Saturday, September 3, 2011

Skyline Divide Hike – Flowers, Butterflies and Mount Baker

View to Mt. Baker from Skyline Divide
Skyline Divide Meadows
We can’t believe we hadn’t done this hike before. We thought about the Chain Lakes hike but it still had too much snow, so we were advised to try the Skyline Divide hike. A great recommendation. We hiked 10 miles round trip starting from the trailhead (parking lot on FR 37) in about 6.5 hours with two stops to eat and lots of stopping to enjoy the flowers and vistas. The trailhead is at 4,300 feet and the highest we hit was about 6,560 feet on Chowder Ridge. Skyline Divide connects up to Chowder Ridge as shown below (taken from reference [1]).

Skyline Divide Route

From talking to various folks we learned that it has been a late summer up on Skyline Divide. That meant a little bit of snow to walk over or around, but not that much. Today it was 60-65F and wildflowers were out en masse. Before we get to the bulk of photos let’s address a few basics we wondered about before and during the hike:

· What is Mt Baker named for? Mt Baker was named by George Vancouver who named it after his 3rd Lieutenant Joseph Baker of the HMS Discovery, who first saw the mountain on April 30, 1792 as described in Vancouver’s Discovery of Puget Sound [p. 82]

· Why is it called Chowder Ridge? From the Taylor and Douglas 1978 paper, Chowder Ridge is made up of sedimentary rock and the marine fossils sometimes found in the rock on the ridge are responsible for the name “Chowder Ridge.” This ridge is a special place in that it has several contrasting habitats in one area: steep, dry, southerly slopes and cool, snowy, steep north slopes. The former habitat is similar to the eastern Cascades and the northern Rockies. The latter habitat is characteristic of the western Northern Cascades.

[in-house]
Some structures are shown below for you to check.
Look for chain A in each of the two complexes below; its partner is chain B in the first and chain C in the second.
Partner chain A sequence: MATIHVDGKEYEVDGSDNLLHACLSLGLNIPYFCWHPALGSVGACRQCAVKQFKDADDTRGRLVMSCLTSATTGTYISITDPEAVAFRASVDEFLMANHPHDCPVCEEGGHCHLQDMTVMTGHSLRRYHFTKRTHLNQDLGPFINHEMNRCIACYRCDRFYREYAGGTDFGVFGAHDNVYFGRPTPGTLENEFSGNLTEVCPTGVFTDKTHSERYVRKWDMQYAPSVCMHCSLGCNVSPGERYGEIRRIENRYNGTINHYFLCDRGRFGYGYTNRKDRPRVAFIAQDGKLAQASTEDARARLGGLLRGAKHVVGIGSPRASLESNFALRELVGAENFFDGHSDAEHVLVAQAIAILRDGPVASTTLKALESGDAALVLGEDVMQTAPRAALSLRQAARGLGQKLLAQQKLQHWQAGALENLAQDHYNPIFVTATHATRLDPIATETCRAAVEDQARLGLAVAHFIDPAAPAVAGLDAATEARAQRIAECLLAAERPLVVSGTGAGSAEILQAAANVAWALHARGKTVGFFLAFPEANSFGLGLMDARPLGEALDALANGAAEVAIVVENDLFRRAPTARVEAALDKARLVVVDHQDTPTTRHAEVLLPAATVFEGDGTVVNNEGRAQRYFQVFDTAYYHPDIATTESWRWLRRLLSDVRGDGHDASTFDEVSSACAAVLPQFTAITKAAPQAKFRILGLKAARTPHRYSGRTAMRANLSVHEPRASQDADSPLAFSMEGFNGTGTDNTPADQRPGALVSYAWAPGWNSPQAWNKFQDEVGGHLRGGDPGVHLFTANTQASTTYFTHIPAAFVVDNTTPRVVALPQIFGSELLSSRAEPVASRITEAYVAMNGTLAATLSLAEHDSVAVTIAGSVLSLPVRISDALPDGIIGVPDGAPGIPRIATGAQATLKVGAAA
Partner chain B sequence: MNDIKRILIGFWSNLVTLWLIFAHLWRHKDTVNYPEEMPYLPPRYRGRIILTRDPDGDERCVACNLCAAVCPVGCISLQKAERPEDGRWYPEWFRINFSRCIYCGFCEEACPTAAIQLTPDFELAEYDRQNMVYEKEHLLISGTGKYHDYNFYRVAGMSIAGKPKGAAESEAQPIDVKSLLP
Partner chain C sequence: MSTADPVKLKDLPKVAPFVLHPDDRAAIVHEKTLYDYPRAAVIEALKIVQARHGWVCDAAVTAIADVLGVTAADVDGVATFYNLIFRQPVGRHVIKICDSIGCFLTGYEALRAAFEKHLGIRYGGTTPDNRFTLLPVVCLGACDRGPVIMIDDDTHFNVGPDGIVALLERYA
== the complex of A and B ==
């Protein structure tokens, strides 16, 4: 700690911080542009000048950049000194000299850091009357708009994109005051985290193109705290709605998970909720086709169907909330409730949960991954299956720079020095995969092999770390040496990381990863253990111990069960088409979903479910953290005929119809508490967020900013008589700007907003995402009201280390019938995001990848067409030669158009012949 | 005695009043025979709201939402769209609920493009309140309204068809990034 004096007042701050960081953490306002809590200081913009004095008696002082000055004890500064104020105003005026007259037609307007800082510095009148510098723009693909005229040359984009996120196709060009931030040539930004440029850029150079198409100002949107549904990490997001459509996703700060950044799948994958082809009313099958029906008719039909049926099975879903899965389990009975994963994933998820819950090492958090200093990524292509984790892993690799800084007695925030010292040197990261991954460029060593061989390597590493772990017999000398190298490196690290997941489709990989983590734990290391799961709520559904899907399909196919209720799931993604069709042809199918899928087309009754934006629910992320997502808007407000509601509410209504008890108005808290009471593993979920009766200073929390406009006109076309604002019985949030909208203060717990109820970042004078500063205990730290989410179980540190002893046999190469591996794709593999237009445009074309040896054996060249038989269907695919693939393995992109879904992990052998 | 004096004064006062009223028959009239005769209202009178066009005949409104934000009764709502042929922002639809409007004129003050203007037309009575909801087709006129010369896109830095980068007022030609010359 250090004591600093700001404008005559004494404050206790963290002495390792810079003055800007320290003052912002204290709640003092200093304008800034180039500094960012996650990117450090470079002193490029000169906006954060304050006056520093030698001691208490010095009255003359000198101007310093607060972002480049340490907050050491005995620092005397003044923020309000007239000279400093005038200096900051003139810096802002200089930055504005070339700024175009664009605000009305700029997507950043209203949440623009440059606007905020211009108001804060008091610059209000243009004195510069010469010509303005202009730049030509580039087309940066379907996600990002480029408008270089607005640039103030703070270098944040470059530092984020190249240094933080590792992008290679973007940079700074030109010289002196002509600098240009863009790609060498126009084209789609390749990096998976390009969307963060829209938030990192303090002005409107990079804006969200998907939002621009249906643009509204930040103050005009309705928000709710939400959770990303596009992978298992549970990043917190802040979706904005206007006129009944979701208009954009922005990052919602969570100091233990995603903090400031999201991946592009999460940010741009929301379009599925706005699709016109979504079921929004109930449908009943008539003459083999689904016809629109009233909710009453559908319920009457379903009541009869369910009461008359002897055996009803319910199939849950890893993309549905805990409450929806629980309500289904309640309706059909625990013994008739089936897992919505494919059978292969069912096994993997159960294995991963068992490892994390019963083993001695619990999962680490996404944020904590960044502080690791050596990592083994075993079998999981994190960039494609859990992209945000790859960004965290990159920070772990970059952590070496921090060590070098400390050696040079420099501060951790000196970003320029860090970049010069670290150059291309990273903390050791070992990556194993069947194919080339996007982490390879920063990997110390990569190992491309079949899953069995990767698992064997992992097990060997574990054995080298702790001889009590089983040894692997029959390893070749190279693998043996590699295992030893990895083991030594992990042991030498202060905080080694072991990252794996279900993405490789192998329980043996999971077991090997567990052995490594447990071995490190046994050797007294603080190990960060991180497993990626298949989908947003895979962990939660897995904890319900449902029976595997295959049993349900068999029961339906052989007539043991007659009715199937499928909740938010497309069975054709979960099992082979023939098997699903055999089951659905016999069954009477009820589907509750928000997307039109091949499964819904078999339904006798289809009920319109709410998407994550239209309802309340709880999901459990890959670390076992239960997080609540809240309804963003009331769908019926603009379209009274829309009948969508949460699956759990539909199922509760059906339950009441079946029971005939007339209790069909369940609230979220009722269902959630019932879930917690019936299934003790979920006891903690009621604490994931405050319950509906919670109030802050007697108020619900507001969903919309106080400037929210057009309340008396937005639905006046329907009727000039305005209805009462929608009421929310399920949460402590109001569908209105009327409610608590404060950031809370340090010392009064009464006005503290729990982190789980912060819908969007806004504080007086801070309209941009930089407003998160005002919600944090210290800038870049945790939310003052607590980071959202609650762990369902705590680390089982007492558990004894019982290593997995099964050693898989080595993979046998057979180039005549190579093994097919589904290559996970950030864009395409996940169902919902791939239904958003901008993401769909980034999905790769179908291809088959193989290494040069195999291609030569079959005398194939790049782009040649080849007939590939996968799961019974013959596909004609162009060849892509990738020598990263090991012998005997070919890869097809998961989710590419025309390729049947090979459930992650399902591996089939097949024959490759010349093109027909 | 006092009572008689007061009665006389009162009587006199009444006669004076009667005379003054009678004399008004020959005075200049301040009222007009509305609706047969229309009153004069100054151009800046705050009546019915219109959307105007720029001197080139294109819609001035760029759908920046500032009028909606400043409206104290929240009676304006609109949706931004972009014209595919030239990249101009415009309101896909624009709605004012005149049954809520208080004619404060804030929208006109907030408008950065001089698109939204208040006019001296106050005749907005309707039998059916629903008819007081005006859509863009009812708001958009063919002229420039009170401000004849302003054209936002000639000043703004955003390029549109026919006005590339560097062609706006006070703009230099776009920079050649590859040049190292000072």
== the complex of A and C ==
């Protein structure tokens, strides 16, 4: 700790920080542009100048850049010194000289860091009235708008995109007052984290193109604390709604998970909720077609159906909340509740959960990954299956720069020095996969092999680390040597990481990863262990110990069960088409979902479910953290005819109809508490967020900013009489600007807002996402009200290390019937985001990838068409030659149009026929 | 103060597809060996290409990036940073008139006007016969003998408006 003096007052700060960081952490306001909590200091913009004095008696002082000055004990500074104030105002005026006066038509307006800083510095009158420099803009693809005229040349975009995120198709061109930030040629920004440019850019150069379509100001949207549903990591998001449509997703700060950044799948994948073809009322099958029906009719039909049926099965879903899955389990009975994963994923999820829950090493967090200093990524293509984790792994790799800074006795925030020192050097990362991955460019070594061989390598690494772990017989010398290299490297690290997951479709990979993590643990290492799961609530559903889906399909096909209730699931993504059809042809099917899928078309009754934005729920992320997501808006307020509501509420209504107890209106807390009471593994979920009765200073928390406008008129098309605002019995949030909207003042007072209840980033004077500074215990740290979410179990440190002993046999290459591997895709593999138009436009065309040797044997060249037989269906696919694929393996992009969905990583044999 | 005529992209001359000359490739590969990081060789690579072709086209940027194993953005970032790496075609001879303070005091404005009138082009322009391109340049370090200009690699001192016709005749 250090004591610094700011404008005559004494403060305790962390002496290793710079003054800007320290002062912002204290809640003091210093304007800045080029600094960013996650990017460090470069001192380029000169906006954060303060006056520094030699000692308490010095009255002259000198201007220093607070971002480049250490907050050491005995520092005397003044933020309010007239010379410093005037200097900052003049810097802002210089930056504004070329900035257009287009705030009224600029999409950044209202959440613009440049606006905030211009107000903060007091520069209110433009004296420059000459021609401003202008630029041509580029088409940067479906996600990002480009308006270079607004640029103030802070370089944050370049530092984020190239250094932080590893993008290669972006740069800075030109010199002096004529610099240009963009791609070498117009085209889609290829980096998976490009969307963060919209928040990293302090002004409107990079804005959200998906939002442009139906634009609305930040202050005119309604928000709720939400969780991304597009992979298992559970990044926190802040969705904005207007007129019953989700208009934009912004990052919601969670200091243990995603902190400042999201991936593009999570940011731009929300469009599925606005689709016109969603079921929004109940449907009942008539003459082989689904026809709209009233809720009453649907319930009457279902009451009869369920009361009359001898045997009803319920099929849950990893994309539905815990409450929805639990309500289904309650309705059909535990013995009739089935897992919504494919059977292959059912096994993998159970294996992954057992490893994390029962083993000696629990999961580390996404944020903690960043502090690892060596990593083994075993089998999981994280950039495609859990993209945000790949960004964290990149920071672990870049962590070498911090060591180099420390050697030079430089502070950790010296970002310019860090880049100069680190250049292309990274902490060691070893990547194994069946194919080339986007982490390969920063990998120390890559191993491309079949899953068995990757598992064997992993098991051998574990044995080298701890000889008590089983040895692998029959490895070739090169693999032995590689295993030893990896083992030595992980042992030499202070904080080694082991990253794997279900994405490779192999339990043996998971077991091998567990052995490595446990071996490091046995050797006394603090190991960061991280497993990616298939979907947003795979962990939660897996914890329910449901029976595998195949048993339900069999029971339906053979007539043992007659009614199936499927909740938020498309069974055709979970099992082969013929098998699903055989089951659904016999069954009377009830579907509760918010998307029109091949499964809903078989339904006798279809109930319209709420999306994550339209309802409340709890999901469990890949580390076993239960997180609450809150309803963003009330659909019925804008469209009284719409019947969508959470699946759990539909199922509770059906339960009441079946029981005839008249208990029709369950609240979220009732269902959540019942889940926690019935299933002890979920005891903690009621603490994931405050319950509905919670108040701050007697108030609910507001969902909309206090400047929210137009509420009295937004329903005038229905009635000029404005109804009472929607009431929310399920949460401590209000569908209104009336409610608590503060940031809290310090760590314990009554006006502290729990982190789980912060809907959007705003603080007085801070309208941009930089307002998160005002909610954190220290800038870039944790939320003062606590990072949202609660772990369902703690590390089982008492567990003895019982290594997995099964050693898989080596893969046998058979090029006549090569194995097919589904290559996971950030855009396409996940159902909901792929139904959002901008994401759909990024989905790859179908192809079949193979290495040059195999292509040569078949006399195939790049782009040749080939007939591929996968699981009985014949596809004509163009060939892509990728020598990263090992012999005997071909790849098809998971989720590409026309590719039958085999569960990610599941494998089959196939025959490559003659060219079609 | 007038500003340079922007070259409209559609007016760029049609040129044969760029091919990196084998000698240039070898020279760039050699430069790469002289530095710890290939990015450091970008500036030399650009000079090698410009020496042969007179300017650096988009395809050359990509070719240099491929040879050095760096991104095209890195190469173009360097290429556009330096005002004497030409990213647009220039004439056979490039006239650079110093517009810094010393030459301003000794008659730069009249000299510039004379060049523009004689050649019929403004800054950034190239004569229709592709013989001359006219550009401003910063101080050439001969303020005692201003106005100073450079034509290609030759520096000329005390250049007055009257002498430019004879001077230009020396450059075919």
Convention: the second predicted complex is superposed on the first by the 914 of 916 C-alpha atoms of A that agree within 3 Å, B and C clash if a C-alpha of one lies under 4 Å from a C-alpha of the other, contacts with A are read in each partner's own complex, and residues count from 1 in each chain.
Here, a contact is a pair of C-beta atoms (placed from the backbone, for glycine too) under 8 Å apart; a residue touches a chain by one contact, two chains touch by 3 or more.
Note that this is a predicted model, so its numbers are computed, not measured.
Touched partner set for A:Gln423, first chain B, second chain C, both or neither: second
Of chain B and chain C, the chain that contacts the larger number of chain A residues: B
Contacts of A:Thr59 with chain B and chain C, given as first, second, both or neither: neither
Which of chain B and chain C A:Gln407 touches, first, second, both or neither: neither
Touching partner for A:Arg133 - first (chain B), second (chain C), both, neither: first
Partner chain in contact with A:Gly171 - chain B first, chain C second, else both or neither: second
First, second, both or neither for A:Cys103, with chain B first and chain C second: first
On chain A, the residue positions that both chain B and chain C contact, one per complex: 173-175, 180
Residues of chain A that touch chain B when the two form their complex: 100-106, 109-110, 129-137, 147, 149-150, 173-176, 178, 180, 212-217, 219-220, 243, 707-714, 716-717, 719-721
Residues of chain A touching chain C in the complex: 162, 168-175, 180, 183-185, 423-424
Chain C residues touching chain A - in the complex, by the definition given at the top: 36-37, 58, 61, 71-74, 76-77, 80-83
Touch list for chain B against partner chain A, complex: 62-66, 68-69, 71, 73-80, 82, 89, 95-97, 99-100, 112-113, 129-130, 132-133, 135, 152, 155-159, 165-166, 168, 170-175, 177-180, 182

· What’s a krummholz? A krummholz is a contorted often stunted subarctic or subalpine tree. The physical aspects of krummholz trees are formed by the severe conditions they grow in.

· Is that red snow I see? Why is snow red? According to Colored Snow Chemistry an article on About.com, the red snow is caused by the growth of algae and one in particular called Chlamydomonas nivalis. Sometimes the red snow is called watermelon snow and has a sweet-scent. (We did not go up and smell it to verify that!) The pigment causing the red color is red carotenoid , astaxanthin. Astaxanthin is found also in salmon, shrimp and providing the red color of salmon meat and cooked shellfish. This is “Chowder Ridge” after all.

A list of useful resources used to create this post is given below the images. In regard to references, we have to say that it’s been a struggle navigating all the different information sources in regard to naming. Years ago, a friend scolded us to stop using common names and use the established binomial nomenclature to ensure being understood. So, we did. Well that same friend came over recently and lamented about the unstable naming in the orchid world. And we find a bit of that when consulting different references for flowers we saw on Skyline Divide. At most we can say the genus with some degree of certainty. It makes you start to wonder if common names are not so bad after all.